'Times' is mostly used only in mathematics. If someone asked you how to calculate the volume of a cube, you could say, You multiply the length times the width times the height (or depth).
However, in normal everyday speech to describe measuring things, we usually just say 'by.' How big is the bedroom? Oh, about 15 feet by 20 feet. That's how we get expressions like 'two-by-four,' which is a common measure of lumber (wood): two inches by four inches (in cross-section). That is, if it's clear that the measurement must be in feet or inches, we usually don't even mention the units.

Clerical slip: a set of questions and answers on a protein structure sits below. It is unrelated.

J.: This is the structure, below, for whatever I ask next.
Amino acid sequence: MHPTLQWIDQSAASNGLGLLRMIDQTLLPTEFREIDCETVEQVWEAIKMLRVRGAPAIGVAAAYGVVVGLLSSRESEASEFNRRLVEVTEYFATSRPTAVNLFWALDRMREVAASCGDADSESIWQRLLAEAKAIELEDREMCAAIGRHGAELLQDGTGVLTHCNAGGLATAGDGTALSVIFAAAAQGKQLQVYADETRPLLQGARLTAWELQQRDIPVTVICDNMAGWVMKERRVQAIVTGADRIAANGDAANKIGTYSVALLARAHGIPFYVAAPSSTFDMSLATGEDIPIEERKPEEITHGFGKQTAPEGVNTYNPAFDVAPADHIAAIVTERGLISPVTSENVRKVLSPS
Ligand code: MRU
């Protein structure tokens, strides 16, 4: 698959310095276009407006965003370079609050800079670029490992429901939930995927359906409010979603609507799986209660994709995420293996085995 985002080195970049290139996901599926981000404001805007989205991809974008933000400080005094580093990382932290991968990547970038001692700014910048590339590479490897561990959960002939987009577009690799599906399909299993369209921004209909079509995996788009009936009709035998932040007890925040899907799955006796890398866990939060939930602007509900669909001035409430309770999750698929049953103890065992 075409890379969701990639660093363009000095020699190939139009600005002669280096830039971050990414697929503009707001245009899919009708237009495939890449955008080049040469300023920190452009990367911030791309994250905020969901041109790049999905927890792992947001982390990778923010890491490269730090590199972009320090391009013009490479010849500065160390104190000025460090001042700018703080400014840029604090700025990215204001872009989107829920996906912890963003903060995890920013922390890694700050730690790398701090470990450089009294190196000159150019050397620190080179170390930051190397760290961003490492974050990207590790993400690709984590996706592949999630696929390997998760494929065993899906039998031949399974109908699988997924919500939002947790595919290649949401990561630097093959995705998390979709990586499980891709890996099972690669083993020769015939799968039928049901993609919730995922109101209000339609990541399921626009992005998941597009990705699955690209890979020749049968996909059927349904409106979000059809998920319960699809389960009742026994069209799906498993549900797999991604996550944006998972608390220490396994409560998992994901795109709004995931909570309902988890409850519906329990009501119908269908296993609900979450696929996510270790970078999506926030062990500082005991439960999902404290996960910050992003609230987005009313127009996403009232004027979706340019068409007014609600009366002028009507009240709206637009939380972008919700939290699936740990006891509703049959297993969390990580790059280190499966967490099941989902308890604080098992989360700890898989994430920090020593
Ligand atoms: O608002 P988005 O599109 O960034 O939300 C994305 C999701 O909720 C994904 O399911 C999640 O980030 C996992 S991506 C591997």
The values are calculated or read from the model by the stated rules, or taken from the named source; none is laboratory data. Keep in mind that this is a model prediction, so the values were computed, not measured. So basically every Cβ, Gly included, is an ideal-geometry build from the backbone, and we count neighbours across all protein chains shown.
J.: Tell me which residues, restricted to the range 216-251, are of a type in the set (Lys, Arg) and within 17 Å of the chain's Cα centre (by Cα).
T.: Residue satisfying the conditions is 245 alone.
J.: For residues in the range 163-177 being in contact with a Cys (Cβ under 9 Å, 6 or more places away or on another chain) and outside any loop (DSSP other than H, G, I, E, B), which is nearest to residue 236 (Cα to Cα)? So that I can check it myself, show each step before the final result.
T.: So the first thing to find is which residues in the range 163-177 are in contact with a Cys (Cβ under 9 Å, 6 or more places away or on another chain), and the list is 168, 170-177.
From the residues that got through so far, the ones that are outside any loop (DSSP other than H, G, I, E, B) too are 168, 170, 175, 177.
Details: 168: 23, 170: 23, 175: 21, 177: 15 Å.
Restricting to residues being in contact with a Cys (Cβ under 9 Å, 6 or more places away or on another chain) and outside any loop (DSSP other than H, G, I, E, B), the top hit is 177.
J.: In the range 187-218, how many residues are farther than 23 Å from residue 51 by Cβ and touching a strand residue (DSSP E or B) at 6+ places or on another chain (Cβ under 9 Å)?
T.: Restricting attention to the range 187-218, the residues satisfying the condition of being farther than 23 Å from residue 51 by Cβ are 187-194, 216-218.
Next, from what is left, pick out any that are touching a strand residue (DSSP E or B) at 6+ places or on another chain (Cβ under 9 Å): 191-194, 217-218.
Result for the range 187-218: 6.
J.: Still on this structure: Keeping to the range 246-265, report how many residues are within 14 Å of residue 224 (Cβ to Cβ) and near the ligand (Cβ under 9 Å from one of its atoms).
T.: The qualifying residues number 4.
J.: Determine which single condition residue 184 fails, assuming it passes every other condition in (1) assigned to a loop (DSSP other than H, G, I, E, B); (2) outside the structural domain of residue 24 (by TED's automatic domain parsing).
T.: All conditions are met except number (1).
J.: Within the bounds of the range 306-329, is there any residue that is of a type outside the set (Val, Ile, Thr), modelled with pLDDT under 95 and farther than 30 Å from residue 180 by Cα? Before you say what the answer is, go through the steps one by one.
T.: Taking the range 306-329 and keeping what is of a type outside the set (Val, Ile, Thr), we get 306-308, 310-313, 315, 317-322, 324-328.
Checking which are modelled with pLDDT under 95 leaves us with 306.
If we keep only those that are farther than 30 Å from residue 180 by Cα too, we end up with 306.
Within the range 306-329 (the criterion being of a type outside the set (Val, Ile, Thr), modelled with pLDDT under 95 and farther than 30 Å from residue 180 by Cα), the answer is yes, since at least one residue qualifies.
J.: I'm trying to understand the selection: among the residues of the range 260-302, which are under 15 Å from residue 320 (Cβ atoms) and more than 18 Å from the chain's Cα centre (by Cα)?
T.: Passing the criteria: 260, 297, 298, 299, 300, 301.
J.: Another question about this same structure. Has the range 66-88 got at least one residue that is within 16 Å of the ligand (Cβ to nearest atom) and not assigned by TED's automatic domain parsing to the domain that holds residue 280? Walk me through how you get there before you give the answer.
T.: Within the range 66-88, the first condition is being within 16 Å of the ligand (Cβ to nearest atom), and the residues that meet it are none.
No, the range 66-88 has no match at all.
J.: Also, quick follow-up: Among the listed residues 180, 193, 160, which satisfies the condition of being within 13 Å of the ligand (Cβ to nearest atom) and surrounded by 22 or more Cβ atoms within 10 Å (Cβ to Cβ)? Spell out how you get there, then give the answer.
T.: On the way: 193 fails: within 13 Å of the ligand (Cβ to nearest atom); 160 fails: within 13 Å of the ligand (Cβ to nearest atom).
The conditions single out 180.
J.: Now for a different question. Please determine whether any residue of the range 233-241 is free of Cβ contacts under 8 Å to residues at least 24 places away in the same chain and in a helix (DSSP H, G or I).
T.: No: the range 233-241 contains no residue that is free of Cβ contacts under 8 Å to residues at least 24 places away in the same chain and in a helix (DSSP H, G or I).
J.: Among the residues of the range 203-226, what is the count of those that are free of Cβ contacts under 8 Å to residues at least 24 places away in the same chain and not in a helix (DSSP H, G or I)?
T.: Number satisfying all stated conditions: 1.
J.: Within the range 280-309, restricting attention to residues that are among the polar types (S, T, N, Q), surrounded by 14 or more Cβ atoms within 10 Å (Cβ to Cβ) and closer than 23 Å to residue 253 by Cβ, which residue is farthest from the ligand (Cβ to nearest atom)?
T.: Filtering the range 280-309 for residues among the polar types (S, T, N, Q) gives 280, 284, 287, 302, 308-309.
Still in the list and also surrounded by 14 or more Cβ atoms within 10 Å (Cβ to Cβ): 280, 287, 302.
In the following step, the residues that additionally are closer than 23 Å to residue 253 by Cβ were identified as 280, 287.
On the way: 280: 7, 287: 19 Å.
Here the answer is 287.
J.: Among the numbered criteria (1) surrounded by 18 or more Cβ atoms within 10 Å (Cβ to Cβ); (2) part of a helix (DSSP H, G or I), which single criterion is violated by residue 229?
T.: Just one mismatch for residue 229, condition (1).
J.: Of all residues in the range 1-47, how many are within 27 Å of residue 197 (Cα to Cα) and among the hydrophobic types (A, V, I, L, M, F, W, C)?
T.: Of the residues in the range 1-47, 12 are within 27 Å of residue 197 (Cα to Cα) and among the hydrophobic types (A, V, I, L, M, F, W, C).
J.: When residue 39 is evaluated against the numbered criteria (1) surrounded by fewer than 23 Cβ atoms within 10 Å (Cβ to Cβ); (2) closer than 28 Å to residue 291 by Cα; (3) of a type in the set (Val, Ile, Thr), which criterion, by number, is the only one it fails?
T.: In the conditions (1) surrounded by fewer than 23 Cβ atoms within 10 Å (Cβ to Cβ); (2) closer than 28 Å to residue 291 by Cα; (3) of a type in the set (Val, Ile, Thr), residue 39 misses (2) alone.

We also use 'by' when reading the abbreviation 'x,' like on dimensions of something you buy at the store. So for example,
15" l x 10" w x 2 3/4" d
could be spoken as
'fifteen inches long by ten inches wide by two and three-quarters inches deep.' Here 'times' would not be wrong, but it could sound a little out of place. In fact, even in my first math example with the cube, many people would probably just say 'multiply length by width by height.'